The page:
Colquitz students craft holiday wreaths from invasive species

Money raised will be used to purchase fruit trees for a new garden at the school

Grade 6 students at Colquitz middle school Sean George and Ethan Barwise peer through a holiday wreath they constructed from invasive species. Students will sell the wreaths Dec. 7 and 8 as part of the Junior Achievement retail skills program.

Grade 6 students at Colquitz middle school Sean George and Ethan Barwise peer through a holiday wreath they constructed from invasive species. Students will sell the wreaths Dec. 7 and 8 as part of the Junior Achievement retail skills program.



A class full of students stayed behind to build holiday wreaths at Colquitz middle school on a day when most of the rest of the school had already gone home.

In true Saanich fashion, the wreaths are made of invasive species such as holly, English ivy, broom and teasel.

The group of Grade 6 students, led by teacher Laura-Lyn Helton, made the wreaths as part of the Junior Achievement program called Business of Our Own.

“Every Wednesday we meet and learn different parts about business,” said Grade 6 student Hannah McLeod. “We are split in different groups, mine’s the merchandise group.”

The wreaths will sell for about $10 to $15. Some are round, as per tradition, while others are in the shape of a candy cane.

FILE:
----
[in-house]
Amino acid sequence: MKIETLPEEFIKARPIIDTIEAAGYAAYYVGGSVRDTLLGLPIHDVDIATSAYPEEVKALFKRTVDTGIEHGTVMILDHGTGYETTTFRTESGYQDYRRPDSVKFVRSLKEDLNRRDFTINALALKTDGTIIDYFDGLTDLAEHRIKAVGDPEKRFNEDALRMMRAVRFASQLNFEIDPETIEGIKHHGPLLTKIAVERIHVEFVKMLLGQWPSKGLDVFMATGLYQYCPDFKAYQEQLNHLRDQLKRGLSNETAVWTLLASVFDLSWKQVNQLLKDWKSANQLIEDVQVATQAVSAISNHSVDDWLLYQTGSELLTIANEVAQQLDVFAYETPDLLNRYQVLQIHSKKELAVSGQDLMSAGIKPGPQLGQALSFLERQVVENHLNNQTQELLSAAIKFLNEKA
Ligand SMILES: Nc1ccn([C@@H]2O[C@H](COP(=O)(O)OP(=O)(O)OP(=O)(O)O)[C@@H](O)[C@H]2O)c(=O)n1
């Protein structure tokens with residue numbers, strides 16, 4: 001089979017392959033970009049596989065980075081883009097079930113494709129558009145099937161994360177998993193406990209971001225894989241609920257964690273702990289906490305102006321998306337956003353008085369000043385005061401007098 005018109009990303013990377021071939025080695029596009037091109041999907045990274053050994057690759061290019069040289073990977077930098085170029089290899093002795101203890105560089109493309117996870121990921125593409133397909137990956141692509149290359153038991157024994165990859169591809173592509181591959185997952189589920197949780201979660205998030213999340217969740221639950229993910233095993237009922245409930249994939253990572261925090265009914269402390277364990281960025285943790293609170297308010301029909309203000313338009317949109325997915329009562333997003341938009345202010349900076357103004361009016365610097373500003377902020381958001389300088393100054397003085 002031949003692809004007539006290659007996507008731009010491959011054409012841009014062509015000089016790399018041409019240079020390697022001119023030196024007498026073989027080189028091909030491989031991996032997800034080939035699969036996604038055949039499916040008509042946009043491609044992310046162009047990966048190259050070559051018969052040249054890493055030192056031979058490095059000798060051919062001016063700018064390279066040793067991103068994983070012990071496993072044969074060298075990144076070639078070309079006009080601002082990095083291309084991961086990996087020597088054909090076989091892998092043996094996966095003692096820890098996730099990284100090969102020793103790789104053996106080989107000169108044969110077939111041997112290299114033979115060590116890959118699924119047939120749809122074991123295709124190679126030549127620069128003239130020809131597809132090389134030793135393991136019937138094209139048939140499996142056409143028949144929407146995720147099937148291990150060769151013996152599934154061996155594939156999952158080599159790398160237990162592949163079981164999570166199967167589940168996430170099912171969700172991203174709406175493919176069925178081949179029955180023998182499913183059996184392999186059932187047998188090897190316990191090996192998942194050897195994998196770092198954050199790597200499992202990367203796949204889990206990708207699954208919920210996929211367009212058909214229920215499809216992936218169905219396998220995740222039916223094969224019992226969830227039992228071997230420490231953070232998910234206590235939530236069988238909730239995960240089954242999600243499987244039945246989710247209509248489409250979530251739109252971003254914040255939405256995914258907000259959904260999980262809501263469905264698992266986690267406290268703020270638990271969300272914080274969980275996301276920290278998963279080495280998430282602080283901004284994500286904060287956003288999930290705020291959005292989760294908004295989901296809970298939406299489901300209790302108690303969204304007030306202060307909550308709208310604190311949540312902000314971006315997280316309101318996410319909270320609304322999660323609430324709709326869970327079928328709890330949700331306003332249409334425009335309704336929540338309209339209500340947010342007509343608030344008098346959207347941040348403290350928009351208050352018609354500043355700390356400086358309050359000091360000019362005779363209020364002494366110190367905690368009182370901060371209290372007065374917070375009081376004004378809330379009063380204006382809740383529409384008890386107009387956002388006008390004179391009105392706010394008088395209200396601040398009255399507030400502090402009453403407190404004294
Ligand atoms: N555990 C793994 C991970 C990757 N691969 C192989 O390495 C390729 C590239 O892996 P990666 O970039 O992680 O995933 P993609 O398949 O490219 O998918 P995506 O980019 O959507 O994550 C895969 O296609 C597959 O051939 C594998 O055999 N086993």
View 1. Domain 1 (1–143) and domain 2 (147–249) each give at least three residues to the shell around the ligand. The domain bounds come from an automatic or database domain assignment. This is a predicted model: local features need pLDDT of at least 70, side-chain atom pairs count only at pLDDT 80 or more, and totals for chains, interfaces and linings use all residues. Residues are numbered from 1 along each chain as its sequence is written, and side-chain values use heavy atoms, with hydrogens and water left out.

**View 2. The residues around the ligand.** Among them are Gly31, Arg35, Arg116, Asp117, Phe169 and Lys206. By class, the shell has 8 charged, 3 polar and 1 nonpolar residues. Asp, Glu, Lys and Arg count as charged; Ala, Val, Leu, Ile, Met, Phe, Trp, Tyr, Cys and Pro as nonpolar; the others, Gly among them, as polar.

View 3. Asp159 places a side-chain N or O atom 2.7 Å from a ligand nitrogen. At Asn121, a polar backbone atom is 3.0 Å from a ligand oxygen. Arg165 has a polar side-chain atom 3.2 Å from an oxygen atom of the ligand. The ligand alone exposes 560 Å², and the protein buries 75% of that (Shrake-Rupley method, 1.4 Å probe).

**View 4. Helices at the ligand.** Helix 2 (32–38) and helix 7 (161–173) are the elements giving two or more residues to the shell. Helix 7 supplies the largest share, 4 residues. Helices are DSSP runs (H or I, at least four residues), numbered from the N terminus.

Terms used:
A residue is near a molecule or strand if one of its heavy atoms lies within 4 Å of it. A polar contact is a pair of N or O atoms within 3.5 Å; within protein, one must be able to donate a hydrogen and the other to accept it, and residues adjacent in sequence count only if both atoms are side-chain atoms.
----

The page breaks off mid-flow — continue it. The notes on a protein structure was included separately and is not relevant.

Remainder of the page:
The Junior Achievement program is provided free of charge, organized in part by Junior Achievement B.C. regional manager Deborah Wakeham. Instruction and leadership is facilitated by active business professionals, and on this day, it was Sarah Scott of Saanich’s Gardenworks nursery on Blenkinsop Road.

“For four weeks we’ve worked on this and the students can now integrate their business knowledge with the wreath making and this is for profit,” Scott said.

The plan is to purchase fruit trees for a new garden at Colquitz, said Helton. The trees are approximately $35 each as a bare root seedling and the group hopes to buy four to six of them. There’s also the benefit of financial literacy for the students, said Helton, who’s running the program for the third straight year.

“We talked about target audience, costs, expenses and profits.”

Students collected the invasive plant materials at Cuthbert Holmes and Colquitz River Park. Some even came from their home yards.

This act helps decrease plants which compete with local native plants. The only expense is a wire frame for each wreath, leaving about $5 to 7 profit per unit.

Students are now organizing the promotion side, taking pre-orders, and will provide change and write receipts on sale days.

The larger wreaths ($20) are available to the public this week, in the Colquitz school foyer from noon to 12:40 p.m. on Wednesday and Thursday.

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